I, Rebecca, was in an affair with a married man whose wife: 1) weighed less than I did; 2) had a flatter stomach than I did; 3) wasn’t consumed by parenting; 4) was having sex with him (according to him); 5) wasn’t poorly groomed or frumpy; and 6) was more educated than I was.

And I, Shelley, was married for over six years, and had two children, with a man whom I deeply loved. I watched my figure, to the best of my ability as a young mom, looked for creative ways to keep romance and excitement alive, and followed all the “rules” on how to protect my marriage from adultery.

He still chose someone else over me. Was I perfect? Absolutely not. But did my imperfections justify his choice to look outside of our marriage to have his needs met? Absolutely not. I don’t intend for my next statement to be an instance of “tooting my own horn,” but I lost count of how many people said, “He left YOU for HER?”

Looks, waist size, age, education level, social status, etc. – NONE of these determine your value or worth as a woman or as a wife…or even as an “other woman.”

This doesn’t even account for the countless women around us, who are attractive and accomplished – and still cheated on by their spouses. Just think of all the supermodels whose husbands are caught cheating. If outward beauty or even accomplishments were the mix needed to keep a man around, surely THESE women would be protected from that kind of pain, right?

So, then, is “cheat proofing” your relationship as simple as staying attractive?
And is it your fault if he cheats?

Unfortunately, as we respond to this opinion from Amy Glass, we also know that there are books that say similar things within the Christian culture. There are Christian authors telling women that if you just do your part, your husband won’t cheat. Those whose husbands have been faithful think they’ve found the formula themselves to protect their marriages and, therefore, make choices for their husbands.

This just isn’t how it works! (And what my husband and I, Shelley, have seen far too many times in the 13+ years that we’ve been married is that many times, those who write these books, blogs and messages find out later about their own cheating spouse.)

This is the most heartbreaking part of Amy’s blog: she says that cheating is a self-inflicted consequence, especially if you married for the wrong reasons, and/or “let yourself go”:

I feel like it’s the consequence these women deserve. They didn’t want a love relationship, they wanted a wedding and a status symbol. If they wanted a love relationship they’d be putting work into it, thereby removing any reason a man had to cheat and they wouldn’t cheat. It’s simple.

Now, we do recommend being sensitive to your spouse’s needs, and encourage you to consider how you can grow as a spouse. But we cannot agree that it’s so simple, and within your power, to completely remove any reason a man has to cheat. As Shelley learned, there was something she couldn’t control — the condition of his heart:

It grieves me that there are so many who naively believe that a man’s or woman’s choice to cheat is ever determined by his or her spouse. The delicate nature of marriage and infidelity do not have a simple formula to keep your spouse from cheating. We must remember that although we are responsible to our spouse, we are never responsible for them.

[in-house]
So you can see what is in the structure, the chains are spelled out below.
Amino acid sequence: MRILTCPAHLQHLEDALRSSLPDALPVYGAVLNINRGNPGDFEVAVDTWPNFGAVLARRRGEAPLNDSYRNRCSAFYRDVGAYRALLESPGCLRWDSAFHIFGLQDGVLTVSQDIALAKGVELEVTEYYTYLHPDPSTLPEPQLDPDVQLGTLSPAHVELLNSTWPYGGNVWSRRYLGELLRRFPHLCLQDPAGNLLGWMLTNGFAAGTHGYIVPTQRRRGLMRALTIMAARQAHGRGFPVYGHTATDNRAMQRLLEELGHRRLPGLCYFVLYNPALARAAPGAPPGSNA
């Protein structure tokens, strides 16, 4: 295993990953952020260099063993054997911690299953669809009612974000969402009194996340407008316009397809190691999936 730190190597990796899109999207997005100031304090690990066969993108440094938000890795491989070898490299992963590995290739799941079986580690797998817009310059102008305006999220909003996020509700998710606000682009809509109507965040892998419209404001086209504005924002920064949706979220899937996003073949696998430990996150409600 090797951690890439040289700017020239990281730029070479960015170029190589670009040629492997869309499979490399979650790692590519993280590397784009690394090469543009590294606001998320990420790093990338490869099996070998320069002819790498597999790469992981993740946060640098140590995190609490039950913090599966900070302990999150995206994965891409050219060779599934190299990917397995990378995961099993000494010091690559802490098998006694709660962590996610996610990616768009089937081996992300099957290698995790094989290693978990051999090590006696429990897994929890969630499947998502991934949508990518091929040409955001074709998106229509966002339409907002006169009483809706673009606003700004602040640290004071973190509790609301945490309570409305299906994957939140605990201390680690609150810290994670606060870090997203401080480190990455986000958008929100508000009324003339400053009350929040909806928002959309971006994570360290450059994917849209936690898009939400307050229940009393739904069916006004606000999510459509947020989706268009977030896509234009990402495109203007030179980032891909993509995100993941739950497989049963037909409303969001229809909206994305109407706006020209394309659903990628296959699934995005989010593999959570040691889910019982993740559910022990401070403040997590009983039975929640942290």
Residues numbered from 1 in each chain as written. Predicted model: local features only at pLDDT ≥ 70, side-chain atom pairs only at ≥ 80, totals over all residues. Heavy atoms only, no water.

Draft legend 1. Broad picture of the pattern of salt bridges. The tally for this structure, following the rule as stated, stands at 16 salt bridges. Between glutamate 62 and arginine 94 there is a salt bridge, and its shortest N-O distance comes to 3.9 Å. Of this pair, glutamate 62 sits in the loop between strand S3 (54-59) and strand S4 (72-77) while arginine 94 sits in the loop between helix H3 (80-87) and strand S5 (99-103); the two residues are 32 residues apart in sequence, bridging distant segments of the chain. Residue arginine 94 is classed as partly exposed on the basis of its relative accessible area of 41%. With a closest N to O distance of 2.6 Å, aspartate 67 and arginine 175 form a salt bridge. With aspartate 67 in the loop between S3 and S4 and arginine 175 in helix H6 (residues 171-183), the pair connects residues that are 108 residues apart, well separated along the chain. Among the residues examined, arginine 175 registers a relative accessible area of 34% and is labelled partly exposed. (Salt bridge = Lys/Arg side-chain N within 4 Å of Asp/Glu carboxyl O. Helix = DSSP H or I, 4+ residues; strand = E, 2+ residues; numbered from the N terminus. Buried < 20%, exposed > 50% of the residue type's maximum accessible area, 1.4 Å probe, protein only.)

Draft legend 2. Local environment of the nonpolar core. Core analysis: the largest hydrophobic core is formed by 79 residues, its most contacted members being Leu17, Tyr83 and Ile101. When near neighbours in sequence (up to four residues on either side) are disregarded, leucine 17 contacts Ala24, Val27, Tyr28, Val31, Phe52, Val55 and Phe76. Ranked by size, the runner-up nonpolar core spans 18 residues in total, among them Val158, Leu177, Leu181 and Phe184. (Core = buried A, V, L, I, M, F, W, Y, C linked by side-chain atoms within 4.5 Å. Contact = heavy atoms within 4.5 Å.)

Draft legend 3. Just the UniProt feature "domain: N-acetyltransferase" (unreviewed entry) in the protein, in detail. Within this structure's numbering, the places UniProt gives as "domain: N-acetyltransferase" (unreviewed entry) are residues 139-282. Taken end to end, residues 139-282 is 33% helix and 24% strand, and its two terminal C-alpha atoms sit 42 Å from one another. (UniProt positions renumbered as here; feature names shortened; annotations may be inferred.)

As a wounded wife, fifteen years ago, a friend wisely helped me in my grief and my own battle with all the “What Ifs.” (You know: What if I had been thinner?  What if I had been prettier?  What if I had cooked him his favorite meals more often?  What if I had been stronger?  This “What Ifs” list can go on forever!)

My friend simply said, “Shelley, commitment is a matter of one’s heart. If a man is committed to his wife and marriage, then it doesn’t matter if his wife puts on weight, gets sick, struggles in the bedroom, etc. And ‘un-commitment’ works the same way. If a man is not committed to his wife and marriage, then no matter how beautiful she is, how much she keeps herself in shape, or accomplishes his ‘to-do list’ for her, if he isn’t committed, she doesn’t stand a chance.

As Clinical Programs Officer, at The HopeQuest Ministry Group, Stephen Hendrix has been helping people for years, to understand why they or their spouses cheat. As well as why wives refuse certain sex acts (Glass referred to a wive’s unwillingness to perform oral sex, as the reason a man was justified to cheat):

A husband’s ‘desire/need’ for certain sexual acts should be allowable to request. And while a wife should refrain from shaming him by laughing, there are reasons many wives resist some acts, Stephen says.

The reason we felt compelled to respond to Amy’s blog, is we know there are many women (and men) who are currently hurting. They’re submerged in shame, in the pain of wondering what they could have done better, to keep their spouse from cheating. Knowing that, we wanted to offer encouragement and hope to counteract the guilt.

For more encouragement like this, join the Team Redeemed mailing list!

Now That I Know, Should I Confront Her?

Maybe you just found out he’s cheating.
Maybe you know now who the other woman is.
Maybe you’re the other woman, trying to clear your conscience.

Now that you know it’s an affair, should you confront her? 

That is one of the questions we (Shelley and Rebecca) have been asked most frequently. While pop culture suggests taking matters into vengeful hands, or having a knock-down-drag-out on national TV, we don’t agree. Both Shelley and Rebecca had very specific reasons for why they did, or did not, confront certain people.  Be sure to join this mailing list, for more information about the upcoming video series that will answer this question in more detail.

In the meantime, we recommend asking yourself these questions….

This biblical mandate (see Romans 12:18) doesn’t ask of us the impossible. It doesn’t ask us to play God or try to be God to anyone. It doesn’t ask us to be perfect. It reveals the ability we have to make powerful choices in our lives that, in doing so, increases our own peace so that we, in turn, can make a greater impact for good in our generation.

Whenever we’re riddled with guilt or bitterness or regret, we remain shackled in chains that have already been unlocked for us. But it has always been and will always be our choice to remain in those shackles or to cast them off and run in the freedom purchased us by the forgiveness of the God who forgave us long before we could have even begun to wonder how we could make things right with Him. He set things right. He initiated the forgiveness of all of our wrongs toward Him. And He is the One who makes us able to offer that kind of forgiveness to others, whether they realize they need it or not.